In recent years, offenses associated with prescription drugs have increased in Texas. The state has been working to decrease these cases by implementing stricter laws and through the creation of monitoring programs. By limiting the availability of prescribing physicians, Texas can better monitor when abuse occurs. If you are facing the consequences of a prescription drug offense, contact the Plano drug defense lawyer at the Wilder Law Firm today.
In Texas, there are only a limited number of individuals who may write prescriptions.
These individuals include:
State law holds that the Texas Board of Health may hold public hearings regarding whether there is any compelling evidence which finds that a dangerous drug has been abused. This abuse may be completed through a prescription that is written for a non-therapeutic purpose or by the subsequent user.
When this finding has been made by the Board, it may limit the drug’s availability by allowing its dispensing by only a certain class of practitioner. A similar policy is in place for drugs determined to be an immediate danger to public health. The commissioner of health has the power to generally limit the availability of this dangerous drug.
A pharmacist is expected to determine whether a prescription written for a dangerous drug is truly a valid prescription. A pharmacist may not dispense a dangerous drug if she knows or should have known that the prescription was issued without a valid patient-practitioner relationship.
According to Texas state law, an individual commits an offense by possessing a dangerous drug unless it was obtained through a pharmacist who has acted in a lawful manner. Furthermore, if the individual has possession of the dangerous drug with an intent to sell, it will usually result in a Class A misdemeanor.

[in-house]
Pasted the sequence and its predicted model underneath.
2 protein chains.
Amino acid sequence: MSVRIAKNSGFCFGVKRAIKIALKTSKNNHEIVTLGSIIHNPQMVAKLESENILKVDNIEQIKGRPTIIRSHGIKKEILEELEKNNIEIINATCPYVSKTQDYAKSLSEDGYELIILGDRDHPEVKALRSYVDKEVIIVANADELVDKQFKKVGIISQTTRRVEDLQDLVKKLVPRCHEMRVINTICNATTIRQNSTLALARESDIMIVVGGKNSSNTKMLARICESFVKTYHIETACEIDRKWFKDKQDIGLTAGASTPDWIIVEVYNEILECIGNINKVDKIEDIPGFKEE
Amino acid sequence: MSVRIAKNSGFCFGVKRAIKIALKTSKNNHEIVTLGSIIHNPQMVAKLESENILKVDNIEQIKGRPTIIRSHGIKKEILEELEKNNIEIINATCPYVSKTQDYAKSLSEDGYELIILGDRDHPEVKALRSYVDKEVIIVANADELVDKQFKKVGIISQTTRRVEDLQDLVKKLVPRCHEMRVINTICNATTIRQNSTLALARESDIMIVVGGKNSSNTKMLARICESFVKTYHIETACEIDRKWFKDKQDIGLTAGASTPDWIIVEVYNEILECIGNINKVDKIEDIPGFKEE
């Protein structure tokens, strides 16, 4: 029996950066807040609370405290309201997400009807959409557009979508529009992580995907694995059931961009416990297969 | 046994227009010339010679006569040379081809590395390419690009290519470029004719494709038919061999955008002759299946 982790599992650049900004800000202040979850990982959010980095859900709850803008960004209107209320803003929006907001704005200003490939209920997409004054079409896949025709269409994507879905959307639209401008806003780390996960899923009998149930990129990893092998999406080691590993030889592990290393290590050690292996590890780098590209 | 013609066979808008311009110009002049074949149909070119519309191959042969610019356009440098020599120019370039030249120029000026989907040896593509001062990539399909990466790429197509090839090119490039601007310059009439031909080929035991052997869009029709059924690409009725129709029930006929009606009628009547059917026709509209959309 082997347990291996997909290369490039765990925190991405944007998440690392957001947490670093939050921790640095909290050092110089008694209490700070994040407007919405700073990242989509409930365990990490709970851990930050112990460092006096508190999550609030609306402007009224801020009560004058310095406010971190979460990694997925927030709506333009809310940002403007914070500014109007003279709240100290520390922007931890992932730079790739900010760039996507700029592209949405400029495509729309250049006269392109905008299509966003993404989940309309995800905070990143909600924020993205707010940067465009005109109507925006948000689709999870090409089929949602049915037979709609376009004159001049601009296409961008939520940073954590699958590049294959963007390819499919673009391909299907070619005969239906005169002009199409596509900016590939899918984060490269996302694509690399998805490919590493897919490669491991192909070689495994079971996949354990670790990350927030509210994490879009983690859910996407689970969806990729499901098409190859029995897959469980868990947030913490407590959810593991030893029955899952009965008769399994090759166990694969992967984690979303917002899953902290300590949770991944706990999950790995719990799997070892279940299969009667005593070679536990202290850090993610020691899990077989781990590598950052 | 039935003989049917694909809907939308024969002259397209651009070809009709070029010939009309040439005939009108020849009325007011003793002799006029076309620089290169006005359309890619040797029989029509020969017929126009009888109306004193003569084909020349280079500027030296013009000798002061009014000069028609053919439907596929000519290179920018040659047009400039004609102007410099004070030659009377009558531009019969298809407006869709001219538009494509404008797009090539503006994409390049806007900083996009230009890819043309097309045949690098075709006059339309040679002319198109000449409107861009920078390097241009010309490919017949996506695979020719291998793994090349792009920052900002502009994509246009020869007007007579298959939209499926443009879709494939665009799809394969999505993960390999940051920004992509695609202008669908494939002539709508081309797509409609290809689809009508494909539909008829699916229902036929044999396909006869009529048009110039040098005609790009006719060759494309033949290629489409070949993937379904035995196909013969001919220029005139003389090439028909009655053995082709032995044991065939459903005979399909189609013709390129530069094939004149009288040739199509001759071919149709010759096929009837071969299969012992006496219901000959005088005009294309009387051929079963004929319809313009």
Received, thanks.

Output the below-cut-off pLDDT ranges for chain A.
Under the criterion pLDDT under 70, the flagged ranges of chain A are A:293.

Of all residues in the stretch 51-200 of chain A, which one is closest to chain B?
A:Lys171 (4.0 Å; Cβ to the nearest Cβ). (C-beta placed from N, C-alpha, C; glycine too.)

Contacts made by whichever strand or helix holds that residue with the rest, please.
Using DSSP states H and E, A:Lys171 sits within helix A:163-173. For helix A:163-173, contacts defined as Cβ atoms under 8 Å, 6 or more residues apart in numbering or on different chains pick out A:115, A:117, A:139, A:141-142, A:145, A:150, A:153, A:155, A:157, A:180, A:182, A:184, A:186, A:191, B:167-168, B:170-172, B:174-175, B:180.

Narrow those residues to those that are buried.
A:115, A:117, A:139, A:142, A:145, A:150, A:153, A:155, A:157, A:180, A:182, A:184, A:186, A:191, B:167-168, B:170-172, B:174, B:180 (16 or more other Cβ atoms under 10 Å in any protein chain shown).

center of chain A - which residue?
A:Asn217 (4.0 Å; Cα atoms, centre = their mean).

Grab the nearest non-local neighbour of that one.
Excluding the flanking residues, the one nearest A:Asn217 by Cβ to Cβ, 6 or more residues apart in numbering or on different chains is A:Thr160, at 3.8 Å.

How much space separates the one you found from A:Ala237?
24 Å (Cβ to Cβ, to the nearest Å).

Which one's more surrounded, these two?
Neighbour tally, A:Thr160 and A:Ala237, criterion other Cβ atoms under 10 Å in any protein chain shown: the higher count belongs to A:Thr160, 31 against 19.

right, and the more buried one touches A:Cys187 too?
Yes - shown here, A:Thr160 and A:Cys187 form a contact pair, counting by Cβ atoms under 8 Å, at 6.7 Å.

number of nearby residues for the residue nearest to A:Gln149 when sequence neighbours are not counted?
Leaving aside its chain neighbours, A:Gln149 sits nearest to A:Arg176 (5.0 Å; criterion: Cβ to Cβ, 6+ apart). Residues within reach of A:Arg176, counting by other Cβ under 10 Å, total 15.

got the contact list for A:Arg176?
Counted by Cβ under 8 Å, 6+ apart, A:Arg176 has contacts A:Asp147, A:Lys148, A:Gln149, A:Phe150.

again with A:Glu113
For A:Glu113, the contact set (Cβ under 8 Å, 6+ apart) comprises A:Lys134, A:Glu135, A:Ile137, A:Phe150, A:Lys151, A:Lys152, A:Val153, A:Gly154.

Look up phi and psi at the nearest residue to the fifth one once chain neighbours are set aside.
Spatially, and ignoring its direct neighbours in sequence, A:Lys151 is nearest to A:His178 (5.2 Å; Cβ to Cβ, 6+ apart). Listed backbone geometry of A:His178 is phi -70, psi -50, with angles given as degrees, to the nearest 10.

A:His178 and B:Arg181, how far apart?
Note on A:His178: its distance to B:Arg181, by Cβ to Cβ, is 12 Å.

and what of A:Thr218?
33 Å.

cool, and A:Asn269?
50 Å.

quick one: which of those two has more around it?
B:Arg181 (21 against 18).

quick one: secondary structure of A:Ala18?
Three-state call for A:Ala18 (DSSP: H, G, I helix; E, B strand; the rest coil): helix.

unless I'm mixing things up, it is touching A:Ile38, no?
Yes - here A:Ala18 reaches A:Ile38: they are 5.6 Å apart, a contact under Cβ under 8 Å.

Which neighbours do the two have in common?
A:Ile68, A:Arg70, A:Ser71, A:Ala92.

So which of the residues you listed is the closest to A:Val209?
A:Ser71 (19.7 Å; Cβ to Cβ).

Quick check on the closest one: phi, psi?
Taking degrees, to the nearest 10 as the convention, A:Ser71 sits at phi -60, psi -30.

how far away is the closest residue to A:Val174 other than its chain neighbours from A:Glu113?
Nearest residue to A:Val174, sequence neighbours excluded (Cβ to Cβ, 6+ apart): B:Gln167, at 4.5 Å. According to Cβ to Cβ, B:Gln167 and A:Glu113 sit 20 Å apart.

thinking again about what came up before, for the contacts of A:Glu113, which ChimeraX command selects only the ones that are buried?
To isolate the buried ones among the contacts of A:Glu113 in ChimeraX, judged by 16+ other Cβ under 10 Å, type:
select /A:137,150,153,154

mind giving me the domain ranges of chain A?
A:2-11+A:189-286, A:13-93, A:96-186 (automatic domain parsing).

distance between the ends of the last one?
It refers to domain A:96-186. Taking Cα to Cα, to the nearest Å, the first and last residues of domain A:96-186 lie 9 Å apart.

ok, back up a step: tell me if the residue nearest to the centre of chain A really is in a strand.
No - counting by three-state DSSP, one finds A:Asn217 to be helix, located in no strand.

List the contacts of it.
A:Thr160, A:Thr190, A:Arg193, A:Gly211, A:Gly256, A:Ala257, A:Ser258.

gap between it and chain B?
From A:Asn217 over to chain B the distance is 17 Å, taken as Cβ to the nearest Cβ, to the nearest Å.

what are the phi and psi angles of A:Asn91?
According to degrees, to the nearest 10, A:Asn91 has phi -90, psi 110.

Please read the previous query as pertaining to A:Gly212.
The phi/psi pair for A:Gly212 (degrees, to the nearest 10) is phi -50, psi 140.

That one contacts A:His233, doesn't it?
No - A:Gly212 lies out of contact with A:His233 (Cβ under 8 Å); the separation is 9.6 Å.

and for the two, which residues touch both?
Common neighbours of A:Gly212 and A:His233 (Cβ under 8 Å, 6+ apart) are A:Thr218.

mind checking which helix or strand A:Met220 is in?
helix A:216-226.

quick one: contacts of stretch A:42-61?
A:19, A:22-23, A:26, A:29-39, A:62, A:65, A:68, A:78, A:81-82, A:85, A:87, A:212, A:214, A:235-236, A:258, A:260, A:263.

An individual will likely face a State Jail felony charge if they deliver or offer delivery of a dangerous drug. To get a conviction, the prosecution must show proof that there was an offer to sell a dangerous drug and that it was corroborated by a person other than the offeree or by evidence other than a statement of the offeree.
If an unauthorized individual manufactures a dangerous drug, he will most likely be charged with a State Jail felony.
In addition, an offense has been committed when an individual:
Generally, these offenses will result in the individual being charged with a Class B misdemeanor. However, if the individual has been previously convicted of this type of offense, he will be charged with a Class A misdemeanor.
Also, a pharmacist will be charged with a Class B misdemeanor if they:
If the pharmacist has been convicted of this crime in the past, the charge will be adjusted to a Class A misdemeanor.
Charges associated with prescription drugs are serious and can result in severe penalties. It is in your best interest to work with an experienced attorney who will help you with your case.